6 Tips for Moving BeehivesMinimize yours (and your bees') stress.
If you’re a beekeeper, then you know the pains and joys of maintaining your beehives and caring for your bees. Occasionally, situations will arise where you will need to move your beehives from their current location. For those looking to move their hives, the move will require a lot of advance research and planning. Keep these six tips for moving beehives in mind for a successful move that minimizes yours (and your bees’) stress.
1. Know About Bee Behavior
First things first, thoroughly understand your bees and how they orient themselves to their hives. This is important because, if you don’t take this into account, you will end up with lost bees. Bees have a radius of 3-5 miles, but moving anything more than 3 feet at a time can confuse forager bees if the proper precautions aren’t taken. For larger moves, bees will need to reorient themselves to the hive location. They use landmarks for finding their way back and, if the hive entrance appears different, they will reorient rather than return to the original location.
2. Prepare the Bees
Getting the bees ready for the move is going to be based on the distance of the trip. If it is a long distance that is over three miles away, you will need to take more precautions to secure the bees to the hive so that they all make the move with you. Trigger their need to reorient. To do this, prior to your move, use sticks and branches at the hive entrance to change up the look of the location. Secure screens for the hive entrances after nightfall, since most of the bees will have returned to the hive for the night.
3. Prioritize Safety (for You and the Bees!)
A beekeeper can really get to know and love these fascinating creatures, but it doesn’t change the fact that they sting! Safety should always be a priority when relocating beehives. The move can upset the bees, so keep your beekeeping gear maintained for holes or tears. Even after the hives are contained, always wear your suit in case of a bee leak. Also, for the move, you want to make sure the hives are secure and padded with cushioning for the bumps in the move. If the crates or hives break, a lot of agitated bees will get out.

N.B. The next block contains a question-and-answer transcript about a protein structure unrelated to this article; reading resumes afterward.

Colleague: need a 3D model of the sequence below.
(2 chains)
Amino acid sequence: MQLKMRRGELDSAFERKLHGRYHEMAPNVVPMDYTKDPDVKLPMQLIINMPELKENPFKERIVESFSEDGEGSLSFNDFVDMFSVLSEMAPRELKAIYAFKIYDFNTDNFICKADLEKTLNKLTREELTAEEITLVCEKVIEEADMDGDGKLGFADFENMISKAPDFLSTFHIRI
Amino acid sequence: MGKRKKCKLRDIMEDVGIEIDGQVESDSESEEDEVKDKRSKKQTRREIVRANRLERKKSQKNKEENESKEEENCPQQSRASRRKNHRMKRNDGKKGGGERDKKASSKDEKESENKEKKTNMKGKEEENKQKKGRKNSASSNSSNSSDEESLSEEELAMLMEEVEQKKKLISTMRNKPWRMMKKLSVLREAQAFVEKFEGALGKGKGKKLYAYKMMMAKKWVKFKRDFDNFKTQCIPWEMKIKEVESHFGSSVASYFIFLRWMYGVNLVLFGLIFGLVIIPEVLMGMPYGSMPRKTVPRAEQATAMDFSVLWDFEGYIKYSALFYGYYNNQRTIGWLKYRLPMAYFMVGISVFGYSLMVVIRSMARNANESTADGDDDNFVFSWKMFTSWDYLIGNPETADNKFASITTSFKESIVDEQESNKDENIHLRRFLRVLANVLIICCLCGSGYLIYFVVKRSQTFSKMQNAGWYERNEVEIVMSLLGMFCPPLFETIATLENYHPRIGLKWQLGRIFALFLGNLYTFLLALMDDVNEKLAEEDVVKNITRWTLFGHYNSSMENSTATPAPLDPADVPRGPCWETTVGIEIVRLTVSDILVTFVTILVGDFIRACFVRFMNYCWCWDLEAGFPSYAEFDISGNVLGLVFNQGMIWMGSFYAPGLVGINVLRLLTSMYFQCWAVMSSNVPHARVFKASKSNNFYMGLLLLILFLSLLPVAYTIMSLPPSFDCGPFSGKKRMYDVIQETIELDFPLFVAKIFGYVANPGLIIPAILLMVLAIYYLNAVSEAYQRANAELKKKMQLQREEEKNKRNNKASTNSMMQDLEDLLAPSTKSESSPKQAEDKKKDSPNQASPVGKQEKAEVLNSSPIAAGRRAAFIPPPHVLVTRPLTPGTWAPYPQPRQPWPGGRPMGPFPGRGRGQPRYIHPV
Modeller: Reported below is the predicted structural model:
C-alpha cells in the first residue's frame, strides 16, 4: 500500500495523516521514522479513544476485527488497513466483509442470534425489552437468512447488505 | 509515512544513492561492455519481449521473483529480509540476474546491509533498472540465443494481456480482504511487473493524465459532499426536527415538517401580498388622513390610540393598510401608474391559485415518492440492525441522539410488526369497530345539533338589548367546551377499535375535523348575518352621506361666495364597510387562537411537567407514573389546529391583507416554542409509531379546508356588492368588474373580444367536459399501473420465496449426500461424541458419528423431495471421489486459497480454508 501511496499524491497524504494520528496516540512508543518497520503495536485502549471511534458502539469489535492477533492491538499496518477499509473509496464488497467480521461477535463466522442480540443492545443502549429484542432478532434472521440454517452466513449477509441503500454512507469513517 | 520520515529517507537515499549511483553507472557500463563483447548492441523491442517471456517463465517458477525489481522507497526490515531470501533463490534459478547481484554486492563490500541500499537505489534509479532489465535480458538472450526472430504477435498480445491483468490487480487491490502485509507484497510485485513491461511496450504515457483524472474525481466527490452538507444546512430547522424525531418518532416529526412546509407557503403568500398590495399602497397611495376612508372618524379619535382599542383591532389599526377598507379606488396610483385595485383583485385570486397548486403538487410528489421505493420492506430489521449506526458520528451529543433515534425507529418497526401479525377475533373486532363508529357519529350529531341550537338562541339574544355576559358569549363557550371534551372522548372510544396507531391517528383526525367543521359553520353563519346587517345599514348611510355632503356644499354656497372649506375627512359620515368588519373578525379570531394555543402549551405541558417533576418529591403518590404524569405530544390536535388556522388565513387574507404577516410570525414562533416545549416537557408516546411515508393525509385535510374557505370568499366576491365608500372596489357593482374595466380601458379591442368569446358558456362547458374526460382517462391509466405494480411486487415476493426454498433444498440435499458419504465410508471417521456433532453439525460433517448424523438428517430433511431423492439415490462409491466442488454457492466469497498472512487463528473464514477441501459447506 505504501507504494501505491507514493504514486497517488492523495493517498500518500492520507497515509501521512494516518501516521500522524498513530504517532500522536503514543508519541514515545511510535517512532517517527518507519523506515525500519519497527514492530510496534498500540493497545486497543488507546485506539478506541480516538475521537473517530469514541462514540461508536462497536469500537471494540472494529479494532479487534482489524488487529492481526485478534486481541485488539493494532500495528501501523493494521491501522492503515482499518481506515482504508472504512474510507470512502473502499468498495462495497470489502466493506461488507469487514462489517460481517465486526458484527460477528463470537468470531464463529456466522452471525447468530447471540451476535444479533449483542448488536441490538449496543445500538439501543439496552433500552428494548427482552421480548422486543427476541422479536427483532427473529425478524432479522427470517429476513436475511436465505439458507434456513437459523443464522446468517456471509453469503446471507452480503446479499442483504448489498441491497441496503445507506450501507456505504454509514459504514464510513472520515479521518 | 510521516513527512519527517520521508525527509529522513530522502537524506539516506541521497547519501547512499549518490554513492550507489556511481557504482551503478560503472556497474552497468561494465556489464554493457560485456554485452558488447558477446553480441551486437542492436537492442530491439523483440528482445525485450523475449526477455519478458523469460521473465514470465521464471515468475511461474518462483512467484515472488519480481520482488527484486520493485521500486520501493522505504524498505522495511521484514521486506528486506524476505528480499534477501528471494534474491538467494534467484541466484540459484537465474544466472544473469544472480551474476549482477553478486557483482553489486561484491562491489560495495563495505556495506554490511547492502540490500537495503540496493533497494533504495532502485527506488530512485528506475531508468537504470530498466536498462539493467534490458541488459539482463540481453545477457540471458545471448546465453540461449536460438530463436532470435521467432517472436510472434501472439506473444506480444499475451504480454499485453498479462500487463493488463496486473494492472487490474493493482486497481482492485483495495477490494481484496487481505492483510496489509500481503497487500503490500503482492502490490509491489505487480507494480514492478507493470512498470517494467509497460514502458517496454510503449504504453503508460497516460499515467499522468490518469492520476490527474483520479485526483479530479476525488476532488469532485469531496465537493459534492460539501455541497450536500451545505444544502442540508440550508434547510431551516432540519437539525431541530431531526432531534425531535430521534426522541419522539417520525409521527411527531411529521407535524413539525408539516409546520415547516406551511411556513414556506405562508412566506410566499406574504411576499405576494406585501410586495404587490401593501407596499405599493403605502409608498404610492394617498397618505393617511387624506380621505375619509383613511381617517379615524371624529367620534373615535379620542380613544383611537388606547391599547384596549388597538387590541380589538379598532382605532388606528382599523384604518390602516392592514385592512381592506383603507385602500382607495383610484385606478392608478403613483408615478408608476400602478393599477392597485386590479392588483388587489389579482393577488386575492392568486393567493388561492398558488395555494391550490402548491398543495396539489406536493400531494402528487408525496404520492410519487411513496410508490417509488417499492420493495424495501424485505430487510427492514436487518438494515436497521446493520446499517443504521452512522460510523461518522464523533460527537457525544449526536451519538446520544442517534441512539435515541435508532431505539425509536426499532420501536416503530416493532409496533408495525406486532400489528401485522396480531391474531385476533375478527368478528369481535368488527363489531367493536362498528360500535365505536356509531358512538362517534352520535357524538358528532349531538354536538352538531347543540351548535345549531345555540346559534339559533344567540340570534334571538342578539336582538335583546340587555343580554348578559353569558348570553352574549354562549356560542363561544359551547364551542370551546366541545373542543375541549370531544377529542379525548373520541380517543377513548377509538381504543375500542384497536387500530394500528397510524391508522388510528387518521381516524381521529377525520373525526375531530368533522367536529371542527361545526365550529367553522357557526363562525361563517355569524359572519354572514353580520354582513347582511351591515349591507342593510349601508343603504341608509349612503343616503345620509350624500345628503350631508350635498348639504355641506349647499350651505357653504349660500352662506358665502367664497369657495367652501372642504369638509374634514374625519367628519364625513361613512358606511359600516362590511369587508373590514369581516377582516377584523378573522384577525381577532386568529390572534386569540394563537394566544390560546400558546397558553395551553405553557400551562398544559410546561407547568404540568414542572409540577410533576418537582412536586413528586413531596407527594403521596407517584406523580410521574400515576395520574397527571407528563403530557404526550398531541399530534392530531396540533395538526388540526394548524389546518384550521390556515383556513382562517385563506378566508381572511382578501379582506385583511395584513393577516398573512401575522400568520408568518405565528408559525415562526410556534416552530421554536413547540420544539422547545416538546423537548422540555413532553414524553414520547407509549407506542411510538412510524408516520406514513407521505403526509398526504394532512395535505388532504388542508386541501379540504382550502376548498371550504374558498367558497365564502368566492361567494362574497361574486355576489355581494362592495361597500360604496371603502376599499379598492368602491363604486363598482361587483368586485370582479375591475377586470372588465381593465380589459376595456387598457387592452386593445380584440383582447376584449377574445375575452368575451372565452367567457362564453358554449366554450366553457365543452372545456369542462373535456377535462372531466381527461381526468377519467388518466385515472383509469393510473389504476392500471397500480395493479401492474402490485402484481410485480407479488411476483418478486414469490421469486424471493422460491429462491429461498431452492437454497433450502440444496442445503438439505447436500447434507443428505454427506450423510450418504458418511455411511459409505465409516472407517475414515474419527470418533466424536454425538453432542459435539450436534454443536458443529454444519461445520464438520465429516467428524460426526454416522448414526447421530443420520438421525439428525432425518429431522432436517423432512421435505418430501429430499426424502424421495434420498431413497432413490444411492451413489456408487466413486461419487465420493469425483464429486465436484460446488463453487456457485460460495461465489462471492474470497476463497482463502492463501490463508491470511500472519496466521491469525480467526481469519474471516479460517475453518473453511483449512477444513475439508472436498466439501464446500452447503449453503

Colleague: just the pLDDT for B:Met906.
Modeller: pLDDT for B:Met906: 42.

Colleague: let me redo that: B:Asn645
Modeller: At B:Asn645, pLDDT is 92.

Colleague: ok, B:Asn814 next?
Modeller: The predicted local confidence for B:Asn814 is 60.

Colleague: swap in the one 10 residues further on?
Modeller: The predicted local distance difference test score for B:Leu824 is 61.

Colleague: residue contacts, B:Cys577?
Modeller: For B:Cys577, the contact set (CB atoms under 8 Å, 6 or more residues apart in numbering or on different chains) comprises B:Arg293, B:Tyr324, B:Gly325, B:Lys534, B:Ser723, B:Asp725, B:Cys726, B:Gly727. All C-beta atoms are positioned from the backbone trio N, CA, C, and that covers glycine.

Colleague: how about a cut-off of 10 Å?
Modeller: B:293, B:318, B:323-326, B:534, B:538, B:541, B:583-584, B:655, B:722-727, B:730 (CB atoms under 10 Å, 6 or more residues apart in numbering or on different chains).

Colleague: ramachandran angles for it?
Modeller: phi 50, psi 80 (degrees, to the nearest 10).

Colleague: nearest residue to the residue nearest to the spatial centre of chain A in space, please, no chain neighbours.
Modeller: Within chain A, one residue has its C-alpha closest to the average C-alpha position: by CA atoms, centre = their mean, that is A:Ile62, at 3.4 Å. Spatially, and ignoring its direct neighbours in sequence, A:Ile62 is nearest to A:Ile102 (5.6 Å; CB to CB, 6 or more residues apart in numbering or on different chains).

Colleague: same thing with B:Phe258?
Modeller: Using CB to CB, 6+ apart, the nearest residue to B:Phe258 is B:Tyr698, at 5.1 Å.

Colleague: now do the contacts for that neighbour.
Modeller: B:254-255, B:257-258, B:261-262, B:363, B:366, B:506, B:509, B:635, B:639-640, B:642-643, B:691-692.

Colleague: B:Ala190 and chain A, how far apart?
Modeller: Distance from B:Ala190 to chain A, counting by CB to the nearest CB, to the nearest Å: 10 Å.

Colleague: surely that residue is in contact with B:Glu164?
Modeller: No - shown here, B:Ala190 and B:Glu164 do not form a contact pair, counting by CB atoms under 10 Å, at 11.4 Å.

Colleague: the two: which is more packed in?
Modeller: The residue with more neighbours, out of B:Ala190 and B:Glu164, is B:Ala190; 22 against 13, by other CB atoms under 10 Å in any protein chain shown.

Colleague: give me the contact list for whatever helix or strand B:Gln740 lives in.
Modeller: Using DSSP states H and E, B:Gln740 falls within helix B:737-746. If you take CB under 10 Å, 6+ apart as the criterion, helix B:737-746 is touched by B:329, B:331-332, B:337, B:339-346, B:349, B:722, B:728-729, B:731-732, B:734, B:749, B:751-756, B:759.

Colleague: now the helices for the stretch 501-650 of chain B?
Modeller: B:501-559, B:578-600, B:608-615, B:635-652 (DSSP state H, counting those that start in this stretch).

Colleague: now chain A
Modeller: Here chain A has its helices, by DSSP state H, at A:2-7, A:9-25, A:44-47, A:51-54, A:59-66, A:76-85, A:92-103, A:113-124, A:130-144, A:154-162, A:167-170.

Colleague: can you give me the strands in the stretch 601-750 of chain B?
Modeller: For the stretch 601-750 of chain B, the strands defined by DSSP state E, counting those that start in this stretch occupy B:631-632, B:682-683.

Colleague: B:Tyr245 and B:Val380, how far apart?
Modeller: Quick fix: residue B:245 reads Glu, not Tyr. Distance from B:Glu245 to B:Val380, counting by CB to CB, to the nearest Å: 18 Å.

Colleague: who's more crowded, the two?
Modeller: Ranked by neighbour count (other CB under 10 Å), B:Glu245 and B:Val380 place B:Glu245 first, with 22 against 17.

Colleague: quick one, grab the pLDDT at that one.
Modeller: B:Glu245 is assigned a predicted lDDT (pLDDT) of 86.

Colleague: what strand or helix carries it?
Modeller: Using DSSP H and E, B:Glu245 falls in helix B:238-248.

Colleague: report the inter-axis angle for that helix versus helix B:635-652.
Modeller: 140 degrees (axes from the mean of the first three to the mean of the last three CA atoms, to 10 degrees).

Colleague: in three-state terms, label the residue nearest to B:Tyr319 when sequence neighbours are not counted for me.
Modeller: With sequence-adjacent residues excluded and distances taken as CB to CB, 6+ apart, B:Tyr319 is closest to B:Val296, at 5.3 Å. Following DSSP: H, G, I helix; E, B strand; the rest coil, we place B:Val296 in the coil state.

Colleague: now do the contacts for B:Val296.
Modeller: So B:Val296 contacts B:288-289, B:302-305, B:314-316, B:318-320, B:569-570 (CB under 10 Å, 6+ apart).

4. Gather the Necessary Tools
Have all your tools handy and ready to go to ensure a quick and simple transport. Have ratchet straps to secure the beehives and use screening for enclosing the bees and allow for plenty of ventilation. Carry a big flashlight with back-ups for visibility at night. A smoker is useful for calming aggression in the bees and a water spray bottle is handy for spraying the screens to cool the bees off. It helps to travel using a bee trailer that provides plenty of ventilation (especially in Florida) to avoid losing bees to overheating.
5. Plan the Haul
Beehives can be heavy and it is no small feat to lift them onto your method of transport to the new location. Find a simple and safe method of loading to avoid hurting yourself or the hives in the process. A hydraulic bed on the truck or even a forklift can make the lifting and shifting easier. Traveling with a trailer can simplify this as you can just roll a dolly up the trailer ramp. Recruit fellow beekeepers to lend a hand, but keep in mind that you should return the favor!
6. Plan to Move at Night
In the daytime, temperatures can creep up to dangerous levels for the bees. Also, with more people on the road, you risk traffic and higher chances for accidents. A longer trip from traffic can also be dangerous for the bees. The dark of nighttime is harder to see what you are doing, but there are fewer variables to throw you out of control. Daytime is the bees’ natural foraging time, so moving at night won’t disrupt their natural need to leave the hive and will help ensure that you aren’t leaving any bees behind.
Neither you or your bees will ever be happy about moving the hives but, with plenty of research and careful planning, you’ll all get through it with minimal agitation and stress. Follow these tips for moving beehives and invest in (or rent) a high-quality bee trailer to ensure that you and your bees arrive at their new destination as safely as possible.